The Importance of Reaching Out If Lyme Disease Has Left You Feeling Suicidal

By Annie Perkins-Rosenberg

Editor’s note: If you experience suicidal thoughts, the following post could be potentially triggering. You can contact the Crisis Text Line by texting “START” to 741-741.

Article excerpt:

The important message of this article is to help those out there who deal with the psychiatric manifestations, the judgments and the daily struggle of living life with a complex disease like Lyme. It can be heavy some days, and anyone can have dark questioning moments pass through their minds. When those moments do arise, it can be complicated to find someone to trust and to talk to. Quite often, Lyme patients are paying for treatments out of pocket and this does not leave much money left for proper psychiatric help. With the limited time in office visits with our doctors, there is not much time left to talk about how we are feeling emotionally, and our doctors are generally not trained psychiatrists, as much as we wish they were. With Lyme disease being largely unknown, others close to you may judge you and you may feel like there is no one left to talk to. Even if there is, the psychiatric disturbances the disease can cause can make you feel like there is no one out there who can understand you, no one who can listen to you and no one to reach out to, but there is. There always is.

One of the techniques the author used was Googling the suicide prevention hotline so she had a plan if things got dark.  She also removed anything bothersome and overwhelming to her, set boundaries, learned to speak up, and found a small group of people on the same journey as her for comfort.  She also reminded herself that each day she was getting better, that she was healthy and could beat this.  When the dark thoughts came, she sought out help.

All, great advice.

The following abstract by Dr. Bransfield is telling:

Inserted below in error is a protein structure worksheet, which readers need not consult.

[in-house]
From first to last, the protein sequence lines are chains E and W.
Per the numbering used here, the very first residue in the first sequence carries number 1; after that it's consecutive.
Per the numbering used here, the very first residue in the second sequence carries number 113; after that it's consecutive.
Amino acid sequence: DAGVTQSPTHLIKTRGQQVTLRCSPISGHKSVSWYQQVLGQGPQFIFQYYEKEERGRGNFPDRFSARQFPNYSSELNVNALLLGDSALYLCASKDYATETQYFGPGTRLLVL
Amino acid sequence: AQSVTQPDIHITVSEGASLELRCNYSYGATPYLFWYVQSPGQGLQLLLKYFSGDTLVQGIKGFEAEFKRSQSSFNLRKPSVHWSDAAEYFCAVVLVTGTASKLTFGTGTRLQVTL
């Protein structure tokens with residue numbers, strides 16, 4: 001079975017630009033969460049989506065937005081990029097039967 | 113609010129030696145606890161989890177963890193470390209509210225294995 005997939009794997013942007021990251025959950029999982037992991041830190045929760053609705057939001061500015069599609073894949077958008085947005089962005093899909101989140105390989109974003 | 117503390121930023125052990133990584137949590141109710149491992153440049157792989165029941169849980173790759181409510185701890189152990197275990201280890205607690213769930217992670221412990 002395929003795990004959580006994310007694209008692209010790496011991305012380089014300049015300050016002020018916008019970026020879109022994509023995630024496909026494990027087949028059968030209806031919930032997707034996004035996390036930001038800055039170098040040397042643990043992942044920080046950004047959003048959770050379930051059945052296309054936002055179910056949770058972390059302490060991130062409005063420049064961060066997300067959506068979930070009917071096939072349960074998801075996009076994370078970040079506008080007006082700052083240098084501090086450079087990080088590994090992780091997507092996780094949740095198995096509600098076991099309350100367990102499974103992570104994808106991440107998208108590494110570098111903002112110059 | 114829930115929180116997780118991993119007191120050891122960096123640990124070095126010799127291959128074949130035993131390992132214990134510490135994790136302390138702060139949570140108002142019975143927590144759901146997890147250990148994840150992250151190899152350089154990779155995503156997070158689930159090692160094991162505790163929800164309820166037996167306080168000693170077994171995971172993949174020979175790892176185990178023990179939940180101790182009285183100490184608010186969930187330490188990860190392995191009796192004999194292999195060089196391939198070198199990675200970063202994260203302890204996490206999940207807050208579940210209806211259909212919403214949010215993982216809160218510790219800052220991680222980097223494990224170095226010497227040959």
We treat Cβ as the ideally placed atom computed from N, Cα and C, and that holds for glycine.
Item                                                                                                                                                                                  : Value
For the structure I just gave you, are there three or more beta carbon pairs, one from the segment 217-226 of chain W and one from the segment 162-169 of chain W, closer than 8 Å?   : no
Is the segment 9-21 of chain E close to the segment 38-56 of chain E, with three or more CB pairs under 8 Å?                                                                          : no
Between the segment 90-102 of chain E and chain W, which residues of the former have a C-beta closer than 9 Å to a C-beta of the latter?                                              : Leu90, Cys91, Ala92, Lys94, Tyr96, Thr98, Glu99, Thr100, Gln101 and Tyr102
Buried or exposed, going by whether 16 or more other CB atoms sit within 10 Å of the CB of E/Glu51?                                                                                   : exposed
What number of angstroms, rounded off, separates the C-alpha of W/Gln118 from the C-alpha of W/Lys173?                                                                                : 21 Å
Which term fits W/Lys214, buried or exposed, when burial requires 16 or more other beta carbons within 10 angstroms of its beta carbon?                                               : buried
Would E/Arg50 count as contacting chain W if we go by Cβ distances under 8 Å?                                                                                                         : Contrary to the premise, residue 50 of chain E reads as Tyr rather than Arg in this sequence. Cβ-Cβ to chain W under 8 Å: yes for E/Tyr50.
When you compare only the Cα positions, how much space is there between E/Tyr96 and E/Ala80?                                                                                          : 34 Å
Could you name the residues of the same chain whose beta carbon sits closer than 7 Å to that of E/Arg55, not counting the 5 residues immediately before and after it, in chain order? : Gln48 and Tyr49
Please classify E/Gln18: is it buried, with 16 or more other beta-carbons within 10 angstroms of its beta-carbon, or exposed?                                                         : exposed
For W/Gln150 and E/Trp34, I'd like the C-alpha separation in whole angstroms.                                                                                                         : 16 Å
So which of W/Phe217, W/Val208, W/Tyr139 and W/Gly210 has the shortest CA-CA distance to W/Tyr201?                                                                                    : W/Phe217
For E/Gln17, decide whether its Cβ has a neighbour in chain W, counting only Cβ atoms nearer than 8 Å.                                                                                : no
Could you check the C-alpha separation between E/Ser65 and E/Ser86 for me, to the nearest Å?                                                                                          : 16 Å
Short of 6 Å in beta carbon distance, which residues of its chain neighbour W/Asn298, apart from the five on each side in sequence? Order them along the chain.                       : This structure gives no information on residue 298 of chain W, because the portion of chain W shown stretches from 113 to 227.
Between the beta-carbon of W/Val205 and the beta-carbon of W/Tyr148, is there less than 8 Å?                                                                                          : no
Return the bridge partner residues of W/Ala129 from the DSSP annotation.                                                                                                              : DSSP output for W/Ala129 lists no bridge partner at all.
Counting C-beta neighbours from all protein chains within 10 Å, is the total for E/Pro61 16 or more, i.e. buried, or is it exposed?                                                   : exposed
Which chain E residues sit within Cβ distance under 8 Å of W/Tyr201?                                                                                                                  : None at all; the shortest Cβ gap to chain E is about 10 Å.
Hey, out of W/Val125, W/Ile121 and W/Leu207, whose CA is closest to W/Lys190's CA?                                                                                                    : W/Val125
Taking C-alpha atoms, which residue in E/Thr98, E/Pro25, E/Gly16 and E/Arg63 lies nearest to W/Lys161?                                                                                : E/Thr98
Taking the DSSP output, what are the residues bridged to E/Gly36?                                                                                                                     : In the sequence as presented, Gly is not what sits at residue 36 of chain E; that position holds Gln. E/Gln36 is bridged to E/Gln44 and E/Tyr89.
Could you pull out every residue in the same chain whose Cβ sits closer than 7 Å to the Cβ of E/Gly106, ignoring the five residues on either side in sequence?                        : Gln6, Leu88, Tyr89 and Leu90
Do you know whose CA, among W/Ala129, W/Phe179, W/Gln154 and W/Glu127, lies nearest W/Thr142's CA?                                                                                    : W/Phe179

LAD contributed to suicidality, and sometimes homicidality, in individuals who were not suicidal before infection. A higher level of risk to self and others is associated with multiple symptoms developing after acquiring LAD, in particular, explosive anger, intrusive images, sudden mood swings, paranoia, dissociative episodes, hallucinations, disinhibition, panic disorder, rapid cycling bipolar, depersonalization, social anxiety disorder, substance abuse, hypervigilance, generalized anxiety disorder, genital–urinary symptoms, chronic pain, anhedonia, depression, low frustration tolerance, and posttraumatic stress disorder. Negative attitudes about LAD from family, friends, doctors, and the health care system may also contribute to suicide risk.

By indirect calculations, it is estimated there are possibly over 1,200 LAD suicides in the US per year.

http://  Approx 1 Min

Robert Bransfield, MD, DLFAPA, private practice, Psychiatry, in Red Bank, New Jersey, discusses direct methods that can be used to acquire statistics related to suicides that are a result of Lyme and associated diseases

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One of the best pieces of advice I got on the journey from another patient was, “don’t get depressed about being depressed.”  In other words, accept the fact there will be dark days with dark thoughts.  Don’t beat up on yourself over this.  Accept it and look forward to tomorrow which will be better.

While the topics regarding Lyme/MSIDS are endless, dealing with pain and insomnia are two issues that can really help with mental health.

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I would be amiss if I didn’t mention detoxing at this point as well as not detoxing properly can also lead to pain:

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